The DOT also launched an initiative dubbed "Alert Today, Alive Tomorrow," which is focused on bolstering pedestrian and bicycle users’ safety, especially in the cities. This campaign is part of the Florida Transportation Plan (FTP) along with Florida's Strategic Highway Safety Plan (SHSP) for the same objectives. DOT has partnered with Jacksonville's Jaguars and other organizations to promote road safety for pedestrians across the state.
Types of Accidents Involving Pedestrians in Clay County
The above regulations and initiatives by Florida's DOT are noble, but they are not foolproof as evidenced by the rising cases of roadside crashes injuring and killing pedestrians. Accidents of various degrees can occur in several ways, and the impact on pedestrians is different.
These accidents usually unfold when a pedestrian is attempting to cross an intersection very quickly, but they miscalculated the time needed to complete it. An incoming driver may not have enough time to react accordingly, so they run into the pedestrian, injuring them in different ways. The degree of injuries varies depending on the speed they were hit at, among other factors such as the age of the victim.
Even simple walking to the front steps or across a parking lot is an arduous task for older people, let alone crossing a busy road. Their bones are increasingly brittle with age, and they cannot walk as briskly as younger people. Please note, anyone can be a victim of intersection accidents even when they are taking extreme caution by following the required traffic regulations.
Street vendors are ubiquitous in cities with high human traffic due to business or tourist activities such as Clay County. These vendors selling fruit, clothing, crafts, etc. stand a risk of accidents as drivers cruise past them. Food and ice cream trucks are beloved by children and should an accident occur; everyone queuing for meals or snacks is at risk of being injured or killed.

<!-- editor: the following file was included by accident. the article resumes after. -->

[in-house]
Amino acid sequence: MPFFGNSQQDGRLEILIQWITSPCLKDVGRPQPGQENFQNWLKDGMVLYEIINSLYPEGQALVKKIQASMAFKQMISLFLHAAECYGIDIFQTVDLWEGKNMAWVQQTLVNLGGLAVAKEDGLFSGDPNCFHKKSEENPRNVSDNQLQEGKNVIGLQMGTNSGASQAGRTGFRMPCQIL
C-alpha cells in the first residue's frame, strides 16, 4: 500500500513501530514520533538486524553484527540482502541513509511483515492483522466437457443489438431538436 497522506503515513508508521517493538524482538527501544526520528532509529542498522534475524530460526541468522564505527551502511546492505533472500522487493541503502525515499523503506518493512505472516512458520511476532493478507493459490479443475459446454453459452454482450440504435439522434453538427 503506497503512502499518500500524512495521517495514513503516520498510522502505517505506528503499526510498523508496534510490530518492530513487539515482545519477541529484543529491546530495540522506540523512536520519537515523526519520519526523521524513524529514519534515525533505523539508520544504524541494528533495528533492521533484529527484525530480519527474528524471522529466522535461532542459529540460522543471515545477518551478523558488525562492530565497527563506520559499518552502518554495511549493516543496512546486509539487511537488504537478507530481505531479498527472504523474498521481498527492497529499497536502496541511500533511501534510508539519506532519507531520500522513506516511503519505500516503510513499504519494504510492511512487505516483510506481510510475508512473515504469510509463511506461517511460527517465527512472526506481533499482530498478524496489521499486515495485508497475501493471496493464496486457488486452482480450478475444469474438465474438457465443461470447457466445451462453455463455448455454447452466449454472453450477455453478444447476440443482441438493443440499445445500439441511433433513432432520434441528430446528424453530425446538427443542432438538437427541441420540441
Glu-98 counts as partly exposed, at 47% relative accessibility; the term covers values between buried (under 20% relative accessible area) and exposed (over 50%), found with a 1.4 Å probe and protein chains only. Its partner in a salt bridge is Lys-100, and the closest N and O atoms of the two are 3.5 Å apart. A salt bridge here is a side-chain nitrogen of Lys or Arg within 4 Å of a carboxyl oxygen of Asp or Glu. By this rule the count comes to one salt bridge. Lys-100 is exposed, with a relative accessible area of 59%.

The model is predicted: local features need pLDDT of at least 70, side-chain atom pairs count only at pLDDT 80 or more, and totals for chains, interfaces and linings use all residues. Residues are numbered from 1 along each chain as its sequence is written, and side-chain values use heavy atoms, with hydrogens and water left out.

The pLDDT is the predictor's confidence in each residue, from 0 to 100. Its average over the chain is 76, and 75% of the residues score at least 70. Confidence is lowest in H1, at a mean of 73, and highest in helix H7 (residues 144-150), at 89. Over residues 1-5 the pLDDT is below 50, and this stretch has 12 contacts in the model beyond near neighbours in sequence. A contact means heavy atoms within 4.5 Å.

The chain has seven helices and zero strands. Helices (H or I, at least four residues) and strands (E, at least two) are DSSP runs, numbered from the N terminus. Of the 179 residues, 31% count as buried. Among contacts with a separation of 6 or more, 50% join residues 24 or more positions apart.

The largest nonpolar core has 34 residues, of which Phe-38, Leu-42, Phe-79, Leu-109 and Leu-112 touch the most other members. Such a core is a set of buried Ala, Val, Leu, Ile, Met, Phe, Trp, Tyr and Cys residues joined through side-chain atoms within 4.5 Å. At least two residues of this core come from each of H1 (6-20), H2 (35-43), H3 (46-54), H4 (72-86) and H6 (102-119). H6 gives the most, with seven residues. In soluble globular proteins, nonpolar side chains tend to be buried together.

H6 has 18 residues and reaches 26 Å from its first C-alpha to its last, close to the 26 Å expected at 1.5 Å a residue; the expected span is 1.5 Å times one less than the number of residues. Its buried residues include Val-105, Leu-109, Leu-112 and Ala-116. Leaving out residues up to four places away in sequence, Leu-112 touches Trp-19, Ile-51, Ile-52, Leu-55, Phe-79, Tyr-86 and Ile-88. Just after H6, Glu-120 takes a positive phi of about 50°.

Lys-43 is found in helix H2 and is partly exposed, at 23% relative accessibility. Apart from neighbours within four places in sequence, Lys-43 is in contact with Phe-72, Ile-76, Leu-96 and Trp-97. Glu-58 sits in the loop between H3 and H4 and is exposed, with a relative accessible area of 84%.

When a negligent driver fails to notice pedestrians after a bus or other car ahead of them has stopped, this kind of crash is called a passing accident. These drivers could be in a rush and attempt to pass the vehicles which have purposely slowed down or stopped as pedestrians cross.
Vehicles turn and merge accidents
These accidents happen when the driver tries to merge into traffic or make a turn, but they fail to check for pedestrians in the vicinity. Someone could be walking near the truck or another vehicle away from the view of side mirrors, and the car runs into them by accident.
These sorts of crashes are typical when a driver is backing up without using the rearview mirror or at least turning to see if there is someone behind the vehicle. A pedestrian standing by or walking past this vehicle in a parking lot or street parking gets hit, albeit at minimal speeds in most scenarios.
Accidents happen due to a pedestrian fault when they enter a road suddenly thus confusing drivers as they may not have enough time or room to swerve. In some instances, a dart-out accident can result from a driver's view being obstructed by another car, so it looks as if the pedestrian appeared suddenly. Walkers are called upon to be wary of such events, so they are not inadvertently hurt by drivers without a proper view of the crosswalk.
Types of Injuries Incurred by Pedestrians Struck by Vehicles
In any of the above fateful events, the pedestrian is likely to incur an array of damages on various parts of the body from the head to limbs, not to mention internal injuries. The level of damage is usually based on the size of the car, what speed the driver was going at, the center of gravity, height, and weight of pedestrians, the angle of impact, etc. If you are involved in any of the six accident scenarios described above, you could experience the following injuries: